This health information exchange is dramatically enhanced by the Direct Project. Launched in March 2010, the Direct Project was created to enable a simple, direct, secure and scalable way for participants to send authenticated, encrypted health information to known, trusted recipients over the Internet in support of Stage 1 Meaningful Use requirements. The Direct Project has more than 200 participants from over 60 different organizations. These participants include EHR and PHR vendors, medical organizations, systems integrators, integrated delivery networks, federal organizations, state and regional health information organizations, organizations that provide health information exchange capabilities, and health information technology vendors.
The Health IT Policy Committee has published proposed Stage 2 and 3 Meaningful Use Recommendations and they’re open for public comment until February 25.
I’ll share a couple of particularly useful and well written analyses and commentaries by colleagues.
Health IT guru and thought leader Dr. John Halamka writes about The Proposed Stage 2 and 3 Meaningful Use Recommendations in his blog.
This is a great article to get a thumbnail overview of all the proposed recommendations. John lists 38 criteria and provides a quick commentary on how challenging he sees each of them. (Keep in mind that he’s CIO at one of the most HIT-advanced health systems in the country — your definition of “easy” and his might not be alike.)
Medicare has (finally) recently released a report showing home run results for a disease/care management demonstration project!
Evaluation of Medicare Care Management for High Cost Beneficiaries (CMHCB) Demonstration: Massachusetts General Hospital and Massachusetts General Physicians Organization (MGH)
Remind Me Again About the CMHCB Medicare Demo…
The CMHCB started in 2005. My recollection is that the demo requirements were extremely similar to the Medicare Health Support (MHS) project, with a few exceptions: 1) Applicants had to include direct care providers (delivery systems, physicians) in their program design, 2) patient populations were significantly smaller than MHS. Please comment on anything I’m missing.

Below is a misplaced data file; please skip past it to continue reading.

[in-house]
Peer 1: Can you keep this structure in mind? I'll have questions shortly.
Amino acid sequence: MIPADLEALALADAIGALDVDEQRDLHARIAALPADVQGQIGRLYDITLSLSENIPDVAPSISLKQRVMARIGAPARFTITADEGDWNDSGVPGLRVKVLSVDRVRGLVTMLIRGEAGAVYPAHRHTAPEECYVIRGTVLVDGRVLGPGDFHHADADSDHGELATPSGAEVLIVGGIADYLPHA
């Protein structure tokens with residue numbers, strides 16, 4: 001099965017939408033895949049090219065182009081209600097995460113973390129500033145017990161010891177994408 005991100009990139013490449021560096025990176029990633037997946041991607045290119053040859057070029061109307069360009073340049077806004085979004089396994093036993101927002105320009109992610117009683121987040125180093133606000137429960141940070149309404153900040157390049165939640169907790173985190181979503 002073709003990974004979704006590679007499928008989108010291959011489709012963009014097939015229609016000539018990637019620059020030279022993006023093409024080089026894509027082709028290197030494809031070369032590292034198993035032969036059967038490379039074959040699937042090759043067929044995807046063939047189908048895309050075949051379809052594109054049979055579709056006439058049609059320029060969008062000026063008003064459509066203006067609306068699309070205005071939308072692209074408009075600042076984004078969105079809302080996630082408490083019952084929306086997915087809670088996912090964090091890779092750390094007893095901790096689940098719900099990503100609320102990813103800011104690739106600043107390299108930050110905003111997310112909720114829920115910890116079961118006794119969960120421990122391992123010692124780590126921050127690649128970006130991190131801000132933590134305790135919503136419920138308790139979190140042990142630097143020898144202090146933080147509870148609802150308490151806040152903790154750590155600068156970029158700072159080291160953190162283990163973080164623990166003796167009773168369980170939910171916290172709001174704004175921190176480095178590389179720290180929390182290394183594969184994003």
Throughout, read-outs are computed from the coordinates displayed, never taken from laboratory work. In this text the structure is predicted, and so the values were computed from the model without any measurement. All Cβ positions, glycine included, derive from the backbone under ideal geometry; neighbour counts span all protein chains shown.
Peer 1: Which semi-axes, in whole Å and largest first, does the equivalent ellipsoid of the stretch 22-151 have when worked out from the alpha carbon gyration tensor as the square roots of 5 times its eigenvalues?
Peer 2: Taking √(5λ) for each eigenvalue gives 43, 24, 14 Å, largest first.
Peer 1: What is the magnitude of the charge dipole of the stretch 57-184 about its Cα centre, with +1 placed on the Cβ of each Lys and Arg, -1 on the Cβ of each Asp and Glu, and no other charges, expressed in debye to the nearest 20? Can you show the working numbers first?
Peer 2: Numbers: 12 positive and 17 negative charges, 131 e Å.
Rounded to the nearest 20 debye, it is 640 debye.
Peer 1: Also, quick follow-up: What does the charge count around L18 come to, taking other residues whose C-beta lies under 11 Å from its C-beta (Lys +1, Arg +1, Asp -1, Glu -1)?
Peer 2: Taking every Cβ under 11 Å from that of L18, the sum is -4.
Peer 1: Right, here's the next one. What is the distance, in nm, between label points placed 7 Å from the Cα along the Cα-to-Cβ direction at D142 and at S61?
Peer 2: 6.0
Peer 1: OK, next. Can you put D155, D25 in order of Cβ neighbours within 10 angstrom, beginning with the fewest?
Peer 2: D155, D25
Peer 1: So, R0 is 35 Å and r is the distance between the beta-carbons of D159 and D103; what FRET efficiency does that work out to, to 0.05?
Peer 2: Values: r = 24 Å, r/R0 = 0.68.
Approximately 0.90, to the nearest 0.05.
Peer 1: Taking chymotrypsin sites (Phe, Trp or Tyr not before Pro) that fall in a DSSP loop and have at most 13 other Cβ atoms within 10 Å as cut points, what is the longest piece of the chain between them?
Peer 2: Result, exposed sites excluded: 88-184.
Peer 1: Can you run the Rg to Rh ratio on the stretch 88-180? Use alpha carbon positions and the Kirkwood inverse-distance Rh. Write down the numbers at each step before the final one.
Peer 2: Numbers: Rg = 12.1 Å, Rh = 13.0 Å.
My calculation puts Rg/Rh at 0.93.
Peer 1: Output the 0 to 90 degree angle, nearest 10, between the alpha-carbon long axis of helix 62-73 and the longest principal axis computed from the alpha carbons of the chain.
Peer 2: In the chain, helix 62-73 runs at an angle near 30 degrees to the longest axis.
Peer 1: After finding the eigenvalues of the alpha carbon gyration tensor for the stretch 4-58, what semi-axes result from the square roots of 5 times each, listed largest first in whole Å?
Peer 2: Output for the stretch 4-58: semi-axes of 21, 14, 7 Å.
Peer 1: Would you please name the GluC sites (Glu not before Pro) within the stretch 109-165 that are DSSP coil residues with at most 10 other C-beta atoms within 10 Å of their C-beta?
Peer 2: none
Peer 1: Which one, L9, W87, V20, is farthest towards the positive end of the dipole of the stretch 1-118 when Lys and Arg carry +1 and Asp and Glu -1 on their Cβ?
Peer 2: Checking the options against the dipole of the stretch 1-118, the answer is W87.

I’ve included an addendum at the bottom providing more info about this little known and not widely discussed Medicare demo.
…and what was the MGH CMP project for the CMHCB?
The American College of Physicians (ACP) just released a well-reasoned and thorough position paper, The Patient-Centered Medical Home Neighbor: The Interface of the Patient-Centered Medical Home with Specialty/Subspecialty Practices.
As I’ve written before, the Big Idea behind ACOs (Accountable Care Organizations) is the notion of accountability, not the specifics of organizational structure.
The purpose of the ACP position paper is to address the gaps that exist in care coordination when a physician refers a patient to a specialist. The obvious and logical answer proposed is to develop “Care Coordination Agreements” between primary care physicians and referring specialists, and the position paper takes 35 pages to explain why and how.
A simplified way of thinking about Care Coordination Agreements is that they recognize that coordination of care is a team sport, that specialists are part of the team, and that this paper proposes rules of the game about how primary care physicians and specialists should play together on behalf of their common patients.
However, there’s a great big CAVEAT buried in the position paper. I don’t doubt the earnestness of the authors, but I do take this caveat as a Freudian slip recognition that not all specialists will be eager to play on the team and to play by the rules: